PROMOTE COLLECTIVE EFFORT ‘Managing professionals is like herding cats;’ a phrase that reflects the fact that professionals, and lawyers in particular, are by nature independent and autonomous with strong egos fuelled by a stellar record of professional and personal success and client plaudits. They are not natural team players; yet teaming is vital to success in a more competitive market. Why? Because the requirement to demonstrate real depth and breadth, not simply fielding one or two good people, is vital to winning the higher ground and more privileged positions with clients; because no one individual is likely to have all the requisite knowledge about client, industry, practice and geography; because consistently exceeding the high performance expectations of the client can only be achieved by people who have a deep and shared understanding of what the clients’ expectations and ‘win requirements’ are – a consequence of teaming; and finally, the synergistic effect created by bringing people together with complementary perspectives and the shared goal of client benefit is enormous! That lawyers can work in teams is demonstrated by the fact they work in transaction teams all the time. Ensuring practice-industry-geography teamwork takes strong root in the firm will require creating similar conditions to those that exist on a transaction (‘client’ imposed deadlines, a clear end-goal, specified route-map and tasks, defined responsibility and accountability for performance, etc.) and applying these to the client relationship-build and business development activities. TAKE THE LONG TERM VIEW Building ‘richer’ and more ‘privileged’ relationships and ‘fortified’ positions with key clients takes time. Thus it is vital that firms are willing to make a long-run sustained investment for a rich prize. Clients are increasingly sophisticated and discriminating so the burden of proof of capability is far greater, particularly in relation to the client’s higher-value work. Overlay increasing capability of competitors and it is easy to see that that most ‘privileged’ positions and ‘prizes’ will not easily be won! Building deep understanding of a client takes time; developing the platforms from which insights can be leveraged and capabilities demonstrated also takes time; and, finally, building high levels of trust and confidence takes time as well. “...Clients are increasingly sophisticated and discriminating so the burden of proof of capability is far greater...”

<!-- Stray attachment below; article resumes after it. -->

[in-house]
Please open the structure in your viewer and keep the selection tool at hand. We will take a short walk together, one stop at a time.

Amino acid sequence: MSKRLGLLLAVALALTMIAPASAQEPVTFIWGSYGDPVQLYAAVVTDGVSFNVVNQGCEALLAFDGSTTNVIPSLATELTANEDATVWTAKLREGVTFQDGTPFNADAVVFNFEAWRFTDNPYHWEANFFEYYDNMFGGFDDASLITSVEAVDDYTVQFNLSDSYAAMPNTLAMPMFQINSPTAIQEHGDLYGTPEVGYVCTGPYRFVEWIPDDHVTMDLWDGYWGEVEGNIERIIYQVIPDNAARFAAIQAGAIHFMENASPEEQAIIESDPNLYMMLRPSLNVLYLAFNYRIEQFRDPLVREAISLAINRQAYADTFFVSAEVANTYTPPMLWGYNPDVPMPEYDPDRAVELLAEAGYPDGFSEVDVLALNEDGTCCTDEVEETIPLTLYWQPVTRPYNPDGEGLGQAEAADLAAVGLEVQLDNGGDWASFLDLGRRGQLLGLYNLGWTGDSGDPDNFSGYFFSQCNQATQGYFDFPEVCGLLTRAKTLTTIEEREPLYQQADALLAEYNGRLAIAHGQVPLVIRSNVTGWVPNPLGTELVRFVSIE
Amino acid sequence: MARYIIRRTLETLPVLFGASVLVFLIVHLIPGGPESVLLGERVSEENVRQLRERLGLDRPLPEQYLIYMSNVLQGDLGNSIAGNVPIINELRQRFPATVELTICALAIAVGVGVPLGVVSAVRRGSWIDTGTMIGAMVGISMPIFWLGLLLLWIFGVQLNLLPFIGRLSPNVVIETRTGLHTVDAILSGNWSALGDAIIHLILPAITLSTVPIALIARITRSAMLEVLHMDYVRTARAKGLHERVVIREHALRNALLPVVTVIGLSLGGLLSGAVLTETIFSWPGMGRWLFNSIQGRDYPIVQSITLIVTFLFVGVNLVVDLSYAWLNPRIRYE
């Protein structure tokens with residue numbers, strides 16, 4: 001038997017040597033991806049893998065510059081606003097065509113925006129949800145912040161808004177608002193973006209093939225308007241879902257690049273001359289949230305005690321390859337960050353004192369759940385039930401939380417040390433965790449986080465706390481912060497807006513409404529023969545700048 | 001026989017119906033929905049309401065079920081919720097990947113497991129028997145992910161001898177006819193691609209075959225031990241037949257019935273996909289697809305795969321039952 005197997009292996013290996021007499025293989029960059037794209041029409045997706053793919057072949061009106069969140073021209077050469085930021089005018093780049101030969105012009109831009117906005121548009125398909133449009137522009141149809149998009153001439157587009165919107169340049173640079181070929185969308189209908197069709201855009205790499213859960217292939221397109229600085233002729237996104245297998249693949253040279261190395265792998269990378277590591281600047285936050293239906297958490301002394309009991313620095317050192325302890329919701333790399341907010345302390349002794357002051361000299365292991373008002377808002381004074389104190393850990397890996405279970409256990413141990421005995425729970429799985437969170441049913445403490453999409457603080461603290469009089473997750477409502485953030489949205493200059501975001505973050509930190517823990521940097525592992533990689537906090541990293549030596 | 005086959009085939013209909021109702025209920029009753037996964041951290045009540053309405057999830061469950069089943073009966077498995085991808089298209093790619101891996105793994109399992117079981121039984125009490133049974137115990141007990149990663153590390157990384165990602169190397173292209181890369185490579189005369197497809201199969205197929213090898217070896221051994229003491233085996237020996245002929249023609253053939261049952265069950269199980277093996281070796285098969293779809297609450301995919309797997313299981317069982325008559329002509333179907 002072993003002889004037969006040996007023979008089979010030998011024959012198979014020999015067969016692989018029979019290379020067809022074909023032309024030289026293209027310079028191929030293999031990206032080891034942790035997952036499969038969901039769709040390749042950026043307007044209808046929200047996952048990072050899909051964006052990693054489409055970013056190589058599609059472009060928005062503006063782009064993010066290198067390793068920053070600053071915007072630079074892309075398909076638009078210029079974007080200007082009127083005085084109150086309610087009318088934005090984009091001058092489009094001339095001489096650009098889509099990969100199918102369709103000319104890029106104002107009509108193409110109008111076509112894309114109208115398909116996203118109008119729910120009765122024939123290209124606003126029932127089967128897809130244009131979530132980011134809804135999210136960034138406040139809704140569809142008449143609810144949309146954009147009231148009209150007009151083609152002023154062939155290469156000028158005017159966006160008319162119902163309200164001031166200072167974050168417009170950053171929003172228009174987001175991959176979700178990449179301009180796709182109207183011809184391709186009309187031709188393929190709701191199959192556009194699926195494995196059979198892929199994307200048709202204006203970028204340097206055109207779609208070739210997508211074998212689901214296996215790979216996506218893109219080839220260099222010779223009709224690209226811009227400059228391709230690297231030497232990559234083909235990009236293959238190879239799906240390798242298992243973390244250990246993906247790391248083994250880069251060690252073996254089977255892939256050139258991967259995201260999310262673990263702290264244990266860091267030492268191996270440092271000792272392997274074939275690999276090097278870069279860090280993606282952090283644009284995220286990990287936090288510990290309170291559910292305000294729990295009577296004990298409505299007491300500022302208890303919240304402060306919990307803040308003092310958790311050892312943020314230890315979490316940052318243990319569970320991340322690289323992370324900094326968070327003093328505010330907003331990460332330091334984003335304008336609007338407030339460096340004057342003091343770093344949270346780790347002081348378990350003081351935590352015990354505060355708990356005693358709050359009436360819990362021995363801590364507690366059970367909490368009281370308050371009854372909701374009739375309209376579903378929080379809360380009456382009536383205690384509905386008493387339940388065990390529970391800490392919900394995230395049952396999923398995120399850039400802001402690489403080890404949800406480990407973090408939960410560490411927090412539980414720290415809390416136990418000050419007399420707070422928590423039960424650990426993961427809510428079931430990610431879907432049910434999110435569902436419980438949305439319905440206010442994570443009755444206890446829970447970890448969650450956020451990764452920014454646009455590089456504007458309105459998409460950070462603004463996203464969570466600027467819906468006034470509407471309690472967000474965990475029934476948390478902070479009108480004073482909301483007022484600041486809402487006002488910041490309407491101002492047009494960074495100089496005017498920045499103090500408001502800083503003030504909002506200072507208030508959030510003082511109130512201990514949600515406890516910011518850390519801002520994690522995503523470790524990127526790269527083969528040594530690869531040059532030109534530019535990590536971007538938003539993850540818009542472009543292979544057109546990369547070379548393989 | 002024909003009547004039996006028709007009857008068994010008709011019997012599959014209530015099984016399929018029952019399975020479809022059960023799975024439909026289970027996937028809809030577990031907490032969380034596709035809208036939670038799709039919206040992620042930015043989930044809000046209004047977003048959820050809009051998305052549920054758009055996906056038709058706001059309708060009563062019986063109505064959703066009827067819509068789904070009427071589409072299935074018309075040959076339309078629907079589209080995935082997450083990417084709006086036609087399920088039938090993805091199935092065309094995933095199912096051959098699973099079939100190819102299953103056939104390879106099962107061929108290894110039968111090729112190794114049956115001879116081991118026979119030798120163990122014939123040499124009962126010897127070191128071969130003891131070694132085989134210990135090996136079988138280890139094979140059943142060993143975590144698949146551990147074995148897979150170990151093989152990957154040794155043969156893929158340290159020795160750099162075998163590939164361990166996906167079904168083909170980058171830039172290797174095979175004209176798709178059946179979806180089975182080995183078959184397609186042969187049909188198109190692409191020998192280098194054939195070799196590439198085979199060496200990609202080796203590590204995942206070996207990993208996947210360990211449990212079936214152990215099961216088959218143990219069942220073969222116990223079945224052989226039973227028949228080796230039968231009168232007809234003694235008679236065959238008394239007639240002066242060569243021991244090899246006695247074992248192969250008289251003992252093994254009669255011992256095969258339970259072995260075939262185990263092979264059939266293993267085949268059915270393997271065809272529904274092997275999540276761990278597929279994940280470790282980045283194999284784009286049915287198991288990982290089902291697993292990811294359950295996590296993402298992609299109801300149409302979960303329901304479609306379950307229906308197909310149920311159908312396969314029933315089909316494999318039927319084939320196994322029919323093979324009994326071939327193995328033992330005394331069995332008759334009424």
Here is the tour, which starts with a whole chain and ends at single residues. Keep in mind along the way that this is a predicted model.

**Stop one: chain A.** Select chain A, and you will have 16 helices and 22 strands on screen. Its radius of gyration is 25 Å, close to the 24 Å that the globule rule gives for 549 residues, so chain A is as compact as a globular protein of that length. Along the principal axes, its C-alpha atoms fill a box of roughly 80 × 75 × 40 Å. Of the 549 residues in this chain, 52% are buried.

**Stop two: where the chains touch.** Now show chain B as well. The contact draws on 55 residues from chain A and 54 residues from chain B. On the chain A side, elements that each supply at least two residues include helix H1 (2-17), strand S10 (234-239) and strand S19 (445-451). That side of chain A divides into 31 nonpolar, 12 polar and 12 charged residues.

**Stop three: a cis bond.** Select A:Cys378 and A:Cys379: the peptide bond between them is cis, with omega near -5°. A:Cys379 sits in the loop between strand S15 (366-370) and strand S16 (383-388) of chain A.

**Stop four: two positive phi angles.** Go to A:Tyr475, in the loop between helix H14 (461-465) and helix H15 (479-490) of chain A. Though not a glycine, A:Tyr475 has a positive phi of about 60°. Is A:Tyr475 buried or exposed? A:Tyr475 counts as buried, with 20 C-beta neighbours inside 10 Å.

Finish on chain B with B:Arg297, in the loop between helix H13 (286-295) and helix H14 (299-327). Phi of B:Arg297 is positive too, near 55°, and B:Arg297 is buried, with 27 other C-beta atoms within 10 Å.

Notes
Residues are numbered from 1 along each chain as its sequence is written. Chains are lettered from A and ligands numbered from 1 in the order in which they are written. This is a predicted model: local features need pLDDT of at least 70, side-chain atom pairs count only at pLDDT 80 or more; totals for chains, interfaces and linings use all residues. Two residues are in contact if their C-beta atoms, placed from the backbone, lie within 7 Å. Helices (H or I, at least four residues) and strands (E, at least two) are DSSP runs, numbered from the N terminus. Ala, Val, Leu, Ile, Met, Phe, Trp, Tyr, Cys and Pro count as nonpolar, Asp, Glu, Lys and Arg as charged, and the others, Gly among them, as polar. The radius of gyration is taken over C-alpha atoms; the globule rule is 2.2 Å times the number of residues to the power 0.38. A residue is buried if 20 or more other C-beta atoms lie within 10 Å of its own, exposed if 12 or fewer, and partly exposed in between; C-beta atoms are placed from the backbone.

FRAMEWORK FOR ACTION Persuading people to commit to a ‘practice-industry-geography (PIG)’ team-based client drive requires strong commitment from the top, a wide understanding of the firm’s strategic direction in terms of future positioning and focus, and clear recognition of the implications in terms of performance requirements. Structuring, and managing proactively, the critical linkages across the firm for a team-based client drive requires an effective and practical management framework for powerful positioning and performance. A possible framework is shown in figure 3:

Market Place Positioning and Brand Building


‘Fluid’ Service Delivery Teams

Client Management Agenda

Intellectual Capital

Practice Teams

Industry Teams

Geographic Teams

Business Management Processes

‘One-Firm’ Firm Culture Of Teamwork

Strategically, the long-run drive is to reinforce the firm’s chosen market-place positioning and brand ‘image’ by ‘pooling’ the very best of the firm’s intellectual capital for both ‘pull marketing’ (imagedevelopment) and ‘pushmarketing’ (business development) programmes directed at addressing the important agenda issues of the top management of clients and potential clients. Operationally, the management challenges are to build and deploy practice, industry and geographic teams most effectively; to ensure that the required linkages to power success at global, regional and local levels are developed and understood; and to ensure that the client penetration and development process is directed at winning ‘high ground’ position in terms of (1) image build, (2) relationship strength, (3) tailored intellectual capital, and (4) ‘high value issue’ pitches. All this directed at the firm’s key, target and emerging industries across its key, target and emerging practices and key, target and emerging geographies.